First- the general guidelines. Research on brain development has regularly shown that routine matters. For kids, this can apply to nearly every aspect of their lives including having a consistent bedtime, gathering the family for meal times, Saturday morning waffles, or 10 minutes of TV time before bath, book, and bed. Concerning regular bedtimes, researchers at the University of London followed 11,000 children from when they were 3-years old to the age of 7 to measure the effects of bedtimes on cognitive function. The research showed a significant negative impact on test scores in math, reading, and spatial reasoning for those children who had consistently irregular or late bed times. I realize that maintaining a consistent bed time is much easier said than done, but even having lights out at midnight is better than waking up the next morning and realizing your teenager is still on the couch watching the 28th episode of Breaking Bad on Netflix. Let’s be honest- every hour of sleep counts. Speaking of watching TV for hours on end, The American Academy of Pediatrics recommends that children should watch no more than two hours of TV per day after two years of age, and none before that. Can we just take a second to think about that? Studies all over the world have shown that more than 2 hours of television viewing a day is a valid predictor of poor performance in vocabulary, math, and motor skills development later in life. How many hours a day does your child watch TV? Don’t get me wrong, I’m sure those Baby Einstein videos are less brain-frying than Sponge Bob but allowing your child to watch it all day long? Probably not the best idea. So what are you supposed to do instead?

Here I’ve gathered some fun– and more importantly, time-consuming– ideas for entertaining the kiddos during the summer months. We can go ahead and assume that you know about (or have already tried) simply turning on the sprinkler in the back yard and letting the kids go wild. Depending on the age of your child, pulling out the sprinkler just may do the trick. However, for older children, fighting off boredom may prove to be more difficult. Here’s where a little work can go a long way. No, I’m not suggesting that you try to get your 15 year old a sales internship that you think will prepare them for their future career (unless they are passionate about it, that is). What I’m suggesting is this: does your teenager love animals? How about volunteering at the local animal shelter? Could your garage benefit from a thorough spring-cleaning? Have your teen set up a garage sale- and promise him or her a portion of the cash! Perhaps your hallway bathroom needs a new paint job or maybe you’ve always wanted a small vegetable garden in the backyard. Planning out and building a vegetable garden can teach the kids about agriculture, healthy eating, and the value of getting your hands dirty. Not to mention the satisfaction of literally experiencing the fruits of your own labor! Stuck inside on a rainy day? A disco party (complete with mom or dad flicking on and off the overhead lights), putting on a play or musical (don’t forget the video camera), or a trip to the IMAX at the planetarium are just a few ideas to get your creative juices flowing. This is a perfect time to create life-long memories with your family- so get outside, have fun, relax, and don’t forget the sunscreen!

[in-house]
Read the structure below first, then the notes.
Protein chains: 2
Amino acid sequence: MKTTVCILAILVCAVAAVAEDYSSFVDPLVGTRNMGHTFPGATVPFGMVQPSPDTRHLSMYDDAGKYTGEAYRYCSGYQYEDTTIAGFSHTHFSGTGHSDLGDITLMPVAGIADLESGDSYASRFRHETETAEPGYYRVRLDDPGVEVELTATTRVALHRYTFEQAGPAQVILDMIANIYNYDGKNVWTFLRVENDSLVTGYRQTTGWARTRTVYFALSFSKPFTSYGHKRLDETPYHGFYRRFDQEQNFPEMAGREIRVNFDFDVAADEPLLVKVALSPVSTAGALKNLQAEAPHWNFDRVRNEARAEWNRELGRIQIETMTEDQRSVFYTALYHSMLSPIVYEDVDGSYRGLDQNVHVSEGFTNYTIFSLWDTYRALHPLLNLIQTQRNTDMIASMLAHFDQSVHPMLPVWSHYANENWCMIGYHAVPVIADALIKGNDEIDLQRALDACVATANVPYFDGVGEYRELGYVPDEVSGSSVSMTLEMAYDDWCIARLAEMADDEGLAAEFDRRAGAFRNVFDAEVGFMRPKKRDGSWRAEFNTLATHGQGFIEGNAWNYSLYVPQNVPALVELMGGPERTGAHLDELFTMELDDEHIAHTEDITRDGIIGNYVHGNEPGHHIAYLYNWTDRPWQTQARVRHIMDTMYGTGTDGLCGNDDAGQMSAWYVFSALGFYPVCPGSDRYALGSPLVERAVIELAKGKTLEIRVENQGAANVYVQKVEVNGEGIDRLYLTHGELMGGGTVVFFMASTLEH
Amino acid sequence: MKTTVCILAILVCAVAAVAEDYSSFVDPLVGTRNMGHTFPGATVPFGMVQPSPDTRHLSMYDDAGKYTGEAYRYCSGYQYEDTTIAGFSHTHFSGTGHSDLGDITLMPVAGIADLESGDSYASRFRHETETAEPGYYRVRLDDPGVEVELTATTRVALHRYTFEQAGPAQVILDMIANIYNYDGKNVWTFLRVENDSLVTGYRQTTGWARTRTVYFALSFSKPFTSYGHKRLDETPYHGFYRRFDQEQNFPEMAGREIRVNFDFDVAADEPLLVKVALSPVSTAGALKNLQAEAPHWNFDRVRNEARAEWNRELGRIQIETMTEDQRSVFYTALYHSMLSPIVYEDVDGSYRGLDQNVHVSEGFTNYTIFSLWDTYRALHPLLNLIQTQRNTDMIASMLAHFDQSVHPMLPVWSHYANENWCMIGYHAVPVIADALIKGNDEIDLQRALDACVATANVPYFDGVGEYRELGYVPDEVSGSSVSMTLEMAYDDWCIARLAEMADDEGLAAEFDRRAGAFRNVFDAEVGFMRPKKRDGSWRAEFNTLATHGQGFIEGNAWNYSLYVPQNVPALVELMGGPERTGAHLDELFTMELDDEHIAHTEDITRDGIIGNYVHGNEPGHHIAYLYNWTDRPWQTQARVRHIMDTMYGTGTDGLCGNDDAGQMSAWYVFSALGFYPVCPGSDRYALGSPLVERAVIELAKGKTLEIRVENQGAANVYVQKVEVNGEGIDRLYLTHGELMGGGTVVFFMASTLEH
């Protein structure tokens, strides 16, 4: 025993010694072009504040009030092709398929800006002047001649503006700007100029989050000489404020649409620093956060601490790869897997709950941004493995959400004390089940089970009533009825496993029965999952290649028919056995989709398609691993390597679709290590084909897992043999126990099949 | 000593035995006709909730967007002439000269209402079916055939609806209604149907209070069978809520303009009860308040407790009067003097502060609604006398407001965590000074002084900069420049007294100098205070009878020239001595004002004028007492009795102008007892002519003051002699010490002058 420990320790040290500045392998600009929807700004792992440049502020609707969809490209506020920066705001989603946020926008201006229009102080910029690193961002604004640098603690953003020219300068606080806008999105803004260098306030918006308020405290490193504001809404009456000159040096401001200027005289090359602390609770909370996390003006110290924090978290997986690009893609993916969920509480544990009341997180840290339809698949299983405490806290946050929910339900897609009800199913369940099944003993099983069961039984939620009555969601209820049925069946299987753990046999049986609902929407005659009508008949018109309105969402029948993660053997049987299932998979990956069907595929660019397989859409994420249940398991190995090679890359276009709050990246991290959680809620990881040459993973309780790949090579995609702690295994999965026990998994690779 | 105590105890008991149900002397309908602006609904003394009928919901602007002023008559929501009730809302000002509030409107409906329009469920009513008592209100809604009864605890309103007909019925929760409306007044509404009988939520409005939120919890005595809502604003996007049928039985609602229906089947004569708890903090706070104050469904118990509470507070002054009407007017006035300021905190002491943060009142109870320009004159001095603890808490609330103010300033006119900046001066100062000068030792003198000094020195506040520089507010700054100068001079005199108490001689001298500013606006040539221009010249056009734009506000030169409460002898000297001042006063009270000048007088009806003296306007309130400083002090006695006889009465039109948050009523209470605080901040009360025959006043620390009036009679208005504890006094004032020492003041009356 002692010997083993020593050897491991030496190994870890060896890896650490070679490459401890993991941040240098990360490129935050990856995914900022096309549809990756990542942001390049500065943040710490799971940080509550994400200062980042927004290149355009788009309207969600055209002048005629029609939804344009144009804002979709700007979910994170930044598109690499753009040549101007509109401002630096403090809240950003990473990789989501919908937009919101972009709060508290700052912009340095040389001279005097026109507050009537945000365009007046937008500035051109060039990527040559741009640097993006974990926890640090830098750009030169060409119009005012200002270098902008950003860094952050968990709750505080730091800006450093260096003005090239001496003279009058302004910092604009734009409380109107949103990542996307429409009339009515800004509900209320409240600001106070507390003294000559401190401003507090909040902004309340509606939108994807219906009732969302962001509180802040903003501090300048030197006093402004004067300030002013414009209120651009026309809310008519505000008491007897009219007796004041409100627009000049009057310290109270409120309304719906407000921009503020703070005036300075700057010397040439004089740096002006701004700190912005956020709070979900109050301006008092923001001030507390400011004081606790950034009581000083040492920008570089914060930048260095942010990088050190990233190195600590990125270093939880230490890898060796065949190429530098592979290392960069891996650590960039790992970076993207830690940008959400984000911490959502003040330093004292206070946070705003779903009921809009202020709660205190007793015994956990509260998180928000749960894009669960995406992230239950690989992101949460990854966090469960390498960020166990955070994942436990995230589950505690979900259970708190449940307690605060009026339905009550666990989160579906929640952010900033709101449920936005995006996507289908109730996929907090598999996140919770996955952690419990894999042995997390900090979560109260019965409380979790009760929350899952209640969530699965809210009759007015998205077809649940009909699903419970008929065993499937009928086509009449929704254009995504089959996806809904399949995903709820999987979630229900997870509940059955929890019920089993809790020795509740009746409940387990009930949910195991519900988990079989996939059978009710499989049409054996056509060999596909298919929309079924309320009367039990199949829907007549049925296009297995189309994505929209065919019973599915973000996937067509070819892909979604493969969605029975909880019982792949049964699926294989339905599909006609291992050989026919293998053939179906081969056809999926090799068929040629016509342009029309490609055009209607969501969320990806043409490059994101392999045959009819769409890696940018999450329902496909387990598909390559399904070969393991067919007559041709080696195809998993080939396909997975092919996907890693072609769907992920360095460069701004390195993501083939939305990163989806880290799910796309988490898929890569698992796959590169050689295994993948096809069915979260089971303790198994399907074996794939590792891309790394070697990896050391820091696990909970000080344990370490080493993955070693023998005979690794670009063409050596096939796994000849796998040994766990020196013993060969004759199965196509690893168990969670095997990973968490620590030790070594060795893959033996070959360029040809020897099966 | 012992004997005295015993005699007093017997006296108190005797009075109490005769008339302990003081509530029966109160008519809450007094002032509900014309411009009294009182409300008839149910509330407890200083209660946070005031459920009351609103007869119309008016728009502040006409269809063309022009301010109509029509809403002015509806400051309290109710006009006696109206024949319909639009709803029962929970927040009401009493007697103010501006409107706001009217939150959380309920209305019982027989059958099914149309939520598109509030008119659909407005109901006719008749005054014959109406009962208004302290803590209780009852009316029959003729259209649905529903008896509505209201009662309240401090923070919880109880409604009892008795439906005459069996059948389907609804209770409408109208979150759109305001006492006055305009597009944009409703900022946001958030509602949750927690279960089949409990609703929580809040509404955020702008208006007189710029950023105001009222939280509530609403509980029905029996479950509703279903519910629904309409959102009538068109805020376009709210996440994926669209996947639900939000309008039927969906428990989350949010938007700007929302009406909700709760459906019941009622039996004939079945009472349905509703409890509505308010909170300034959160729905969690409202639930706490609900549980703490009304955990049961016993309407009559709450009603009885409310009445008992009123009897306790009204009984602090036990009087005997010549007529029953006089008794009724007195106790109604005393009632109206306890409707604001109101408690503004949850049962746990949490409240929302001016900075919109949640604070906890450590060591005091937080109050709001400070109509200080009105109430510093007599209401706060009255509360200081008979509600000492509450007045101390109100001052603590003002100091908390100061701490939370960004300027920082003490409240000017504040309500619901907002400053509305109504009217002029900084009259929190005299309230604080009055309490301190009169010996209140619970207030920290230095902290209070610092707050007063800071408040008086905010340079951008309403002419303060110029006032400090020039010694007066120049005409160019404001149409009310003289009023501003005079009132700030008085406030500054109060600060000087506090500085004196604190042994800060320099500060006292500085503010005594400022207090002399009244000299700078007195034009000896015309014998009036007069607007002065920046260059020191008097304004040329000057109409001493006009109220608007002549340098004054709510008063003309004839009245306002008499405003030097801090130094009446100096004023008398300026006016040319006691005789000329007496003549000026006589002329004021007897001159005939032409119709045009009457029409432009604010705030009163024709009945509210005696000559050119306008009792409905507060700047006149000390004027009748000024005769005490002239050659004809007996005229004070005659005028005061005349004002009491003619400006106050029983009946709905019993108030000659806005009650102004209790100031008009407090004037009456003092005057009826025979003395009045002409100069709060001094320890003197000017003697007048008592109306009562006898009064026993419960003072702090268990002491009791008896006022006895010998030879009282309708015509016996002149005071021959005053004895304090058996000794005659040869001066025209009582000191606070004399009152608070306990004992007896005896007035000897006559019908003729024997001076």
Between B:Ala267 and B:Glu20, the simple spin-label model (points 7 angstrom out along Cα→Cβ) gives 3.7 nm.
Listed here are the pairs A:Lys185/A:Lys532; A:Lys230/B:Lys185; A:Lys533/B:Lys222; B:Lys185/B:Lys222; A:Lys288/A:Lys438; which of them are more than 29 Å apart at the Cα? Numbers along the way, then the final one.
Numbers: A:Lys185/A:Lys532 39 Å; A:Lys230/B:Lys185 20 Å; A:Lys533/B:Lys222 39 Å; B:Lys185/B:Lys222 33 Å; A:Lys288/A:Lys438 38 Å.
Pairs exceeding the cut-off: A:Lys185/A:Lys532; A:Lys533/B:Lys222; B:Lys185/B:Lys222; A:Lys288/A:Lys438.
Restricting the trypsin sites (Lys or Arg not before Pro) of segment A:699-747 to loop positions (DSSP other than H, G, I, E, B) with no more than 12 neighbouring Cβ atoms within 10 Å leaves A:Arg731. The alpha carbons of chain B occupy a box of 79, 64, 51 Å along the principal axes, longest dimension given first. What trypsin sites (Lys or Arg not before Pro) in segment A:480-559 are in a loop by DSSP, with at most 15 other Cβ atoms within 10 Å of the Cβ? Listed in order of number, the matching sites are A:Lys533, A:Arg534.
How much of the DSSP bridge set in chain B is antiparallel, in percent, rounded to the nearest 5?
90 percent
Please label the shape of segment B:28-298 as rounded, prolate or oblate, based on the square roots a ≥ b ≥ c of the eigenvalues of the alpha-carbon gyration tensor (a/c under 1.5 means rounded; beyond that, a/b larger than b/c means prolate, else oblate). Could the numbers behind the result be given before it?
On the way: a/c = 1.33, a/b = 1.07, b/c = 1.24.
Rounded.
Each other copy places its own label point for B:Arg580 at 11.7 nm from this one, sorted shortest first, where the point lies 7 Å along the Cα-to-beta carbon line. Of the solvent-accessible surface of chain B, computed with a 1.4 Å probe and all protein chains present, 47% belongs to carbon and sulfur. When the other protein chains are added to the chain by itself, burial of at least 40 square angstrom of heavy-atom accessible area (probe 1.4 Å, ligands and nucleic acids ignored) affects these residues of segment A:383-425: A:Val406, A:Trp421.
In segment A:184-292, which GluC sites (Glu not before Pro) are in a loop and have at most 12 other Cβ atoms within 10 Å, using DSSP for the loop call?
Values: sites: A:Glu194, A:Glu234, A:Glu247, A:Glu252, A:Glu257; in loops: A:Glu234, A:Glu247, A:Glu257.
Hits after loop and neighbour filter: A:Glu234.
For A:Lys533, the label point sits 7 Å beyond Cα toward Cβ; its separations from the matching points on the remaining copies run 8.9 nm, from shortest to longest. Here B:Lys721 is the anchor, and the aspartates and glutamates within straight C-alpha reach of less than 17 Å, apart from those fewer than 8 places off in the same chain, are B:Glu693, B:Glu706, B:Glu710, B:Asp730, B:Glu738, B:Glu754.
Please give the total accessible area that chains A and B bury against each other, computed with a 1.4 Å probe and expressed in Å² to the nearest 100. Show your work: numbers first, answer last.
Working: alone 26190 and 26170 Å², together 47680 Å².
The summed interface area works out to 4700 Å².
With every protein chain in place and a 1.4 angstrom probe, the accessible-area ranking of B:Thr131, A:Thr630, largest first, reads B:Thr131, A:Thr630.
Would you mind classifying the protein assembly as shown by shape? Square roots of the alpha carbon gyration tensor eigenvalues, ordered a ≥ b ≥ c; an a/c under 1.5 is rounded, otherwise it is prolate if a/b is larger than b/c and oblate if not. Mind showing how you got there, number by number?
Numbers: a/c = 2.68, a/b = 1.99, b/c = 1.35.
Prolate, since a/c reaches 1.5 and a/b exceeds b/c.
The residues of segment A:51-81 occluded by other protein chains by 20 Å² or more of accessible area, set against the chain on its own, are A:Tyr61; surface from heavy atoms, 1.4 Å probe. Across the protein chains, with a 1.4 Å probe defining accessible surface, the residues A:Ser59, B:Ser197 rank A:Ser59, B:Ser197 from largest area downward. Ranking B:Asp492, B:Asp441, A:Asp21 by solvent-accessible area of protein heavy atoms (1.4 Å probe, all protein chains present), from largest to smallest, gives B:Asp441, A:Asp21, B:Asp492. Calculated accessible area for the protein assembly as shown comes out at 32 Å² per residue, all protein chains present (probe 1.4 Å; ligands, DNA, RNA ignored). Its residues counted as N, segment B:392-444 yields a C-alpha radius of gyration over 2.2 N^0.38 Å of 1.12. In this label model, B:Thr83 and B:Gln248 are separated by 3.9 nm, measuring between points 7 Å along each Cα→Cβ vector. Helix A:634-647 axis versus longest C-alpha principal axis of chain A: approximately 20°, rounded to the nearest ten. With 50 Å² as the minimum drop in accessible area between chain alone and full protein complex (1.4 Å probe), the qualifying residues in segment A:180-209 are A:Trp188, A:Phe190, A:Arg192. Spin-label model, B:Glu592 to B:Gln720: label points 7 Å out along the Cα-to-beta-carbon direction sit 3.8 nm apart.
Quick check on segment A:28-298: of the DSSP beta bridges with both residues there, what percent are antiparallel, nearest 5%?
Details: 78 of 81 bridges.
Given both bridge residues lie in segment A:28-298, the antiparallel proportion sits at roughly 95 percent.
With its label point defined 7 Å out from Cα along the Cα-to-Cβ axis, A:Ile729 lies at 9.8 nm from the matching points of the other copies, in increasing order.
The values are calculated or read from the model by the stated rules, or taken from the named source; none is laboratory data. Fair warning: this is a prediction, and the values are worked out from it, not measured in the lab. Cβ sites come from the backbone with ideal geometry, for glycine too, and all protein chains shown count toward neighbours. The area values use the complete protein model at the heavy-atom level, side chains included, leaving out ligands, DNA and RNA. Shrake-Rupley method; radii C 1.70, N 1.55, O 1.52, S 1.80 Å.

If you need some more fun ideas, check out this website of 50 summer activities for the kiddos!   http://kidsactivitiesblog.com/13269/50-summer-bucket-list

The Teen WiFi Epidemic: Teaching your Teen to Disconnect

I recently had my sixteen year old niece over to babysit and was extremely pleased with the job she did. She was timely. She was responsible. She did an exceptional job in getting the baby to sleep and caring for her while we were out. We left home around 7pm after the baby was down and my niece was sitting on the couch playing with her phone as we left. When we returned (6 hours later) my niece was still awake and on her phone. I asked what she had done all night and she said, “Nothing, just played on my phone.” I was a bit surprised but then I remembered my teenage years and how I always tried to stay up late on the phone talking to friends and chalked it up to the “teenage thing.” The next morning we all woke up and the first thing that she did was pick up her phone and check Facebook, Tumblr, Twitter, Instagram, and SnapChat to “find out what she had missed.” We made breakfast and served it, but like a magnet attached to her hand there was the incessant and attention seeking iPhone. When she went to shower or use the restroom she took her phone with her. We attempted several conversations but and it was hard to get a word in with her because she was on her phone. As a matter of fact, she spent the entire day completely consumed with her phone. It was difficult to engage her at any level – troubling. I have a great respect for teenagers – I truly believe many people view them as a nuisance and don’t believe they have much to offer in those challenging stages of life. I disagree wholeheartedly. I think teens are exceptional and when given the opportunity can teach us adults many, many things. I have even chosen a career in which I can work with teens to encourage them and give them a voice. But even for me the cell phone use was maddening. I literally wanted to grab the phone and throw it off of our 2nd floor balcony and yell “HEY THERE!!! LIFE IS HAPPENING OUT HERE AND NOT IN THAT STUPID PHONE!” Of course I didn’t but it did get me thinking…